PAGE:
The Federal Reserve has traditionally been a rather obscure agency that few outside of finance and economics knew about. But the Fed has already been a prominent subject in this year’s political campaigns. Some say the Fed has outlived its usefulness, and may even be harming the economy’s long-run health. How can we decide if the Fed is helpful or harmful? N.C. State University economist Mike Walden responds.
“Well … that’s a big question, and quite frankly we’re not going to fully answer it here. You do have different opinions on it. I will say the Federal Reserve has been given a tall task by the Congress. The Congress has written a charter. The Federal Reserve essentially controls it, because the Congress has told the Federal Reserve, ‘Federal Reserve, we want you to enact policies that do two things: One, result in very low inflation; but two, result in full employment.’ That’s a very difficult set of goals to reach.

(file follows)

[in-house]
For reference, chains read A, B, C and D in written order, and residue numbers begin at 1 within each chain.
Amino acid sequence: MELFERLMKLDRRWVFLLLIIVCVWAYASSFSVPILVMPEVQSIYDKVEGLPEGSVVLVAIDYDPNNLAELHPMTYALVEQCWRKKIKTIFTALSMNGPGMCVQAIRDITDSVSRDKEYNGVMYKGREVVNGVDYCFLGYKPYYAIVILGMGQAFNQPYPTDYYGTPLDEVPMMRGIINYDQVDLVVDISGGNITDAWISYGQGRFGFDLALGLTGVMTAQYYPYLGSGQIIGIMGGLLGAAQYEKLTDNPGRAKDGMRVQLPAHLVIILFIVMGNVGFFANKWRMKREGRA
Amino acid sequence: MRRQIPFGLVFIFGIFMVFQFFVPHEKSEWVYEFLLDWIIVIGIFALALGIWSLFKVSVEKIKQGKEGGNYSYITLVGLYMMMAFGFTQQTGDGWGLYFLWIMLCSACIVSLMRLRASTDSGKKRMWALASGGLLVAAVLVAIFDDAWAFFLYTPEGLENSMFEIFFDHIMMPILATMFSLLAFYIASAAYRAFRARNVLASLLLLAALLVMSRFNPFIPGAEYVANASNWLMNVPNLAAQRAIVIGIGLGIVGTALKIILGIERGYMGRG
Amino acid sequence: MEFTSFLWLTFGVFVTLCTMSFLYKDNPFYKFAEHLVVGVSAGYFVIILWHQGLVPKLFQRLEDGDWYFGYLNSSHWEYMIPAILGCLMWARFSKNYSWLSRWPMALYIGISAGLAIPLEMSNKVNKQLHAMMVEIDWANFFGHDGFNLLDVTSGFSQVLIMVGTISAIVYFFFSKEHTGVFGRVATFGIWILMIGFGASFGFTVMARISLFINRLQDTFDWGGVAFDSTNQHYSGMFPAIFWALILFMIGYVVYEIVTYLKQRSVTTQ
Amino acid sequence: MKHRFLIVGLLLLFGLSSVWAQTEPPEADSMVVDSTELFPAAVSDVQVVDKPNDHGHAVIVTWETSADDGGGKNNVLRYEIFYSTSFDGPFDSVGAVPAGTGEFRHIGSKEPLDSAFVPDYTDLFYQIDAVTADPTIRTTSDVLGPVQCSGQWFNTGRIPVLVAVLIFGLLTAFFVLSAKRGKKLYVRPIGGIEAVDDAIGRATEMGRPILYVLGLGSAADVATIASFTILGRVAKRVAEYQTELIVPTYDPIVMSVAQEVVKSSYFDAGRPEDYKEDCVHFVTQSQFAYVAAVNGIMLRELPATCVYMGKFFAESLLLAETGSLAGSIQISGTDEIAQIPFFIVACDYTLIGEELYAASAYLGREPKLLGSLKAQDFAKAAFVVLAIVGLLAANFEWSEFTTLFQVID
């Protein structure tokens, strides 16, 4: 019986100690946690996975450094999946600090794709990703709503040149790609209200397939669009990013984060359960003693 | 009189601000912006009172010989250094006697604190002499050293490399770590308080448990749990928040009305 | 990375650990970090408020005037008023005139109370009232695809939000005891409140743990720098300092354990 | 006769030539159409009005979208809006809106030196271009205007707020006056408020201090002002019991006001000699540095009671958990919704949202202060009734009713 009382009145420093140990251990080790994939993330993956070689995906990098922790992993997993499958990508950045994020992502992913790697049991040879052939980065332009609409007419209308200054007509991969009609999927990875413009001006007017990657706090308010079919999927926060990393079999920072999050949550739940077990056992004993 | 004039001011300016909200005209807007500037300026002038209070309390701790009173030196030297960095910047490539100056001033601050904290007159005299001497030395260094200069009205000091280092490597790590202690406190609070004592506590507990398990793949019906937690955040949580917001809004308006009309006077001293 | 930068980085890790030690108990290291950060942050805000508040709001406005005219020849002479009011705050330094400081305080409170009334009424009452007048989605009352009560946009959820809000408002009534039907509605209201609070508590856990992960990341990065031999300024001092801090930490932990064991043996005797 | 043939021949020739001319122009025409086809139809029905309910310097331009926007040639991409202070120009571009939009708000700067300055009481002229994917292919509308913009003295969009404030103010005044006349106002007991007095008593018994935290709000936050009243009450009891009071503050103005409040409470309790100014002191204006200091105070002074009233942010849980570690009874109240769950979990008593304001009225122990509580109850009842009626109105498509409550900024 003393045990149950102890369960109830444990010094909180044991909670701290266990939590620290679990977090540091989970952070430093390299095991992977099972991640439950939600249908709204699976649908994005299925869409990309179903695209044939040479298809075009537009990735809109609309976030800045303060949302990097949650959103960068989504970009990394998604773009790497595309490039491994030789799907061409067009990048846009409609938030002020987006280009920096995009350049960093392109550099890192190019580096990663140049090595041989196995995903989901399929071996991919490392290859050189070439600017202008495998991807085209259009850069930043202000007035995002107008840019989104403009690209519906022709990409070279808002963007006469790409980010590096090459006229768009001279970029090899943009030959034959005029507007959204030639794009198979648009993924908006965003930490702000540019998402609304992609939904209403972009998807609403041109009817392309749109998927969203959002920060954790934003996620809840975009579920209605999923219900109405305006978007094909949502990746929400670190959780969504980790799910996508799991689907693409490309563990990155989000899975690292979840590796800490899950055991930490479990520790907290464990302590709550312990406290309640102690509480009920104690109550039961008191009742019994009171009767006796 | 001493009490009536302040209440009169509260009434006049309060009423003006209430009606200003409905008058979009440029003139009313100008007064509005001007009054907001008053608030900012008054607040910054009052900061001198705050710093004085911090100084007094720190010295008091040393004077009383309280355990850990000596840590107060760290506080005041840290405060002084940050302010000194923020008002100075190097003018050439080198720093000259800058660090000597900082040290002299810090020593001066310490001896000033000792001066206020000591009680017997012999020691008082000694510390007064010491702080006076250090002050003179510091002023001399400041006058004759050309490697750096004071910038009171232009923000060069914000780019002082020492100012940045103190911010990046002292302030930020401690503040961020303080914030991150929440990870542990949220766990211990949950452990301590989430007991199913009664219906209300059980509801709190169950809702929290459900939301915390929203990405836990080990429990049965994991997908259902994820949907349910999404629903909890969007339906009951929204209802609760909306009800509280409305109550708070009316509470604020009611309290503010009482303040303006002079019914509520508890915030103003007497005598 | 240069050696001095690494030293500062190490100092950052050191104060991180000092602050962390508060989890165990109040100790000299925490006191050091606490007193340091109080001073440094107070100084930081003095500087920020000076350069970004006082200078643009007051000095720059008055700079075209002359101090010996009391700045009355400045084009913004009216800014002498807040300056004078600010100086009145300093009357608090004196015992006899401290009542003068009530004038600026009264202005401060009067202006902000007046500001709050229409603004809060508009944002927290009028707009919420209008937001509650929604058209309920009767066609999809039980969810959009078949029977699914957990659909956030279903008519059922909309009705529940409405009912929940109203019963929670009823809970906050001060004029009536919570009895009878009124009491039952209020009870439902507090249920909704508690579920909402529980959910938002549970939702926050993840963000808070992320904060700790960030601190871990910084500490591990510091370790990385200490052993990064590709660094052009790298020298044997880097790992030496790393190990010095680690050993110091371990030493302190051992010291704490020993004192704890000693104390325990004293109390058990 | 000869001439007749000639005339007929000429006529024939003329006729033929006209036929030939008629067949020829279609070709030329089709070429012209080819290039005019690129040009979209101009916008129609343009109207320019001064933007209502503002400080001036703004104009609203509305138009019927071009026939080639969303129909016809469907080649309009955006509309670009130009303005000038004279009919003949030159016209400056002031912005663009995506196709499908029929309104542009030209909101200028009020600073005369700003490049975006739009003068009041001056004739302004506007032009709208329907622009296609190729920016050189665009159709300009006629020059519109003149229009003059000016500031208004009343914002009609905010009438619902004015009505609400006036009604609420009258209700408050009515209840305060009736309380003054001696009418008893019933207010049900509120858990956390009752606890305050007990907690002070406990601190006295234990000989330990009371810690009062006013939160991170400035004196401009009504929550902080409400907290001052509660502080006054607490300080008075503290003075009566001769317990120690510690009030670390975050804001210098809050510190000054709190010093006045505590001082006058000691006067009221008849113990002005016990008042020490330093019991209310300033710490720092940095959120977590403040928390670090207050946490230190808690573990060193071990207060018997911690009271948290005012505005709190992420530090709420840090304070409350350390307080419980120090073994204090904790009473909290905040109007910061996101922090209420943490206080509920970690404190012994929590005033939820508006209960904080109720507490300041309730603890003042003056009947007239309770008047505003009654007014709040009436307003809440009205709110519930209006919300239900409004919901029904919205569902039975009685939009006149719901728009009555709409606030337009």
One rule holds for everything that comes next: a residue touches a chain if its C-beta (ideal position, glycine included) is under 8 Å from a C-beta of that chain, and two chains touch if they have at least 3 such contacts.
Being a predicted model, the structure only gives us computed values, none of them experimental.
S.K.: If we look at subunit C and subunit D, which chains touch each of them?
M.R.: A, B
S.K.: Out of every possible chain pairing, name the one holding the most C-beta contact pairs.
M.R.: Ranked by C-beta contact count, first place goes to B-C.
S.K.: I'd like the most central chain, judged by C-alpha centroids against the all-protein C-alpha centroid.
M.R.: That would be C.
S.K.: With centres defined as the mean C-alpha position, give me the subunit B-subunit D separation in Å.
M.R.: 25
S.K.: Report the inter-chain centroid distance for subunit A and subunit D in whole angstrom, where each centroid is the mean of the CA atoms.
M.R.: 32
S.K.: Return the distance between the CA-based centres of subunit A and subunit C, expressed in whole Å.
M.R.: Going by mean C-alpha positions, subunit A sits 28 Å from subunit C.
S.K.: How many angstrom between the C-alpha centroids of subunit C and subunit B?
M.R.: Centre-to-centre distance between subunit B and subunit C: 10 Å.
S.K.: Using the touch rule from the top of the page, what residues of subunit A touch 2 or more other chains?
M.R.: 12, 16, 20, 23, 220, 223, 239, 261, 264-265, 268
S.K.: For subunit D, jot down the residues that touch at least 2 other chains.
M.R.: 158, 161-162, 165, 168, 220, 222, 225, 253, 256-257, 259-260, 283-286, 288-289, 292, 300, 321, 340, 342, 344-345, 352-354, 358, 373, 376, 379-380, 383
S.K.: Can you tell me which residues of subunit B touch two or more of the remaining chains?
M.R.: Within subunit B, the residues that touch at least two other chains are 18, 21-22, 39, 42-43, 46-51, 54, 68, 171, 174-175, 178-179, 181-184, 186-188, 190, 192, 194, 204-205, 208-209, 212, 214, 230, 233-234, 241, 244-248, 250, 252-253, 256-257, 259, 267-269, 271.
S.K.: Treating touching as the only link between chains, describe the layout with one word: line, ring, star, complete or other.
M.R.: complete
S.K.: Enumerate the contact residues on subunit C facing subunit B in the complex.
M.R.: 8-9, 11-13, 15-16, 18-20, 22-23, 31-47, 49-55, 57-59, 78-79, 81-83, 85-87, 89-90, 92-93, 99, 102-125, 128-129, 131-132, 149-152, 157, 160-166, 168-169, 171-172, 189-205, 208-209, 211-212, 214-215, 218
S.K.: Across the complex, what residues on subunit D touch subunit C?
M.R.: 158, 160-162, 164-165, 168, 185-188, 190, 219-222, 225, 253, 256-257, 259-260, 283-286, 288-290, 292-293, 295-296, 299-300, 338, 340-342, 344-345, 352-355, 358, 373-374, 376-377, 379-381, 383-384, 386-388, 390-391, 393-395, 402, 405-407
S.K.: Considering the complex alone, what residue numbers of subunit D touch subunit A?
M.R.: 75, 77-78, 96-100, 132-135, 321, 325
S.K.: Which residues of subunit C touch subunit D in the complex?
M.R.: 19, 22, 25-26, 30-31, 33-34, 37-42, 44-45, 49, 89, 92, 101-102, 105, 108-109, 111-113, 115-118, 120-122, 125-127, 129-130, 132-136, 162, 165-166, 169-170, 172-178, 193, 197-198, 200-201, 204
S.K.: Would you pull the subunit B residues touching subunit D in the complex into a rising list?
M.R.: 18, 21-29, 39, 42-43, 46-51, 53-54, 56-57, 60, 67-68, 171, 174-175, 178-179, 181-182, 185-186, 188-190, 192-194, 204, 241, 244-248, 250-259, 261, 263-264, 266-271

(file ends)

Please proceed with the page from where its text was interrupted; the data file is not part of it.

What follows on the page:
“Supporters of the Fed say that the Fed has done the best it can, and they also look at things like interest rates and inflation and say that you can make the case, then, since the inception of the Fed and since when the Fed really got used to its powers — and so you really have to go into the 1930s, late 1930s to start that — that the level of interest rates on average and the level of inflation on average have been much lower. So, supporters of the Fed use that as an argument. The Fed has brought some financial stability to the country.
“On the other hand people who criticize the Fed say, ‘Hey, the Fed really missed three big issues and episodes in the economy they didn’t deal with very well.’ One was the Great Depression. Number two was the stagflation of the 1970s, where we had both high inflation and high unemployment. And number three, the recent financial crisis that led to the worst recession in 80 years.
“So, you’re going to get different views on the Federal Reserve, depending on what sets of evidence you want to emphasize.”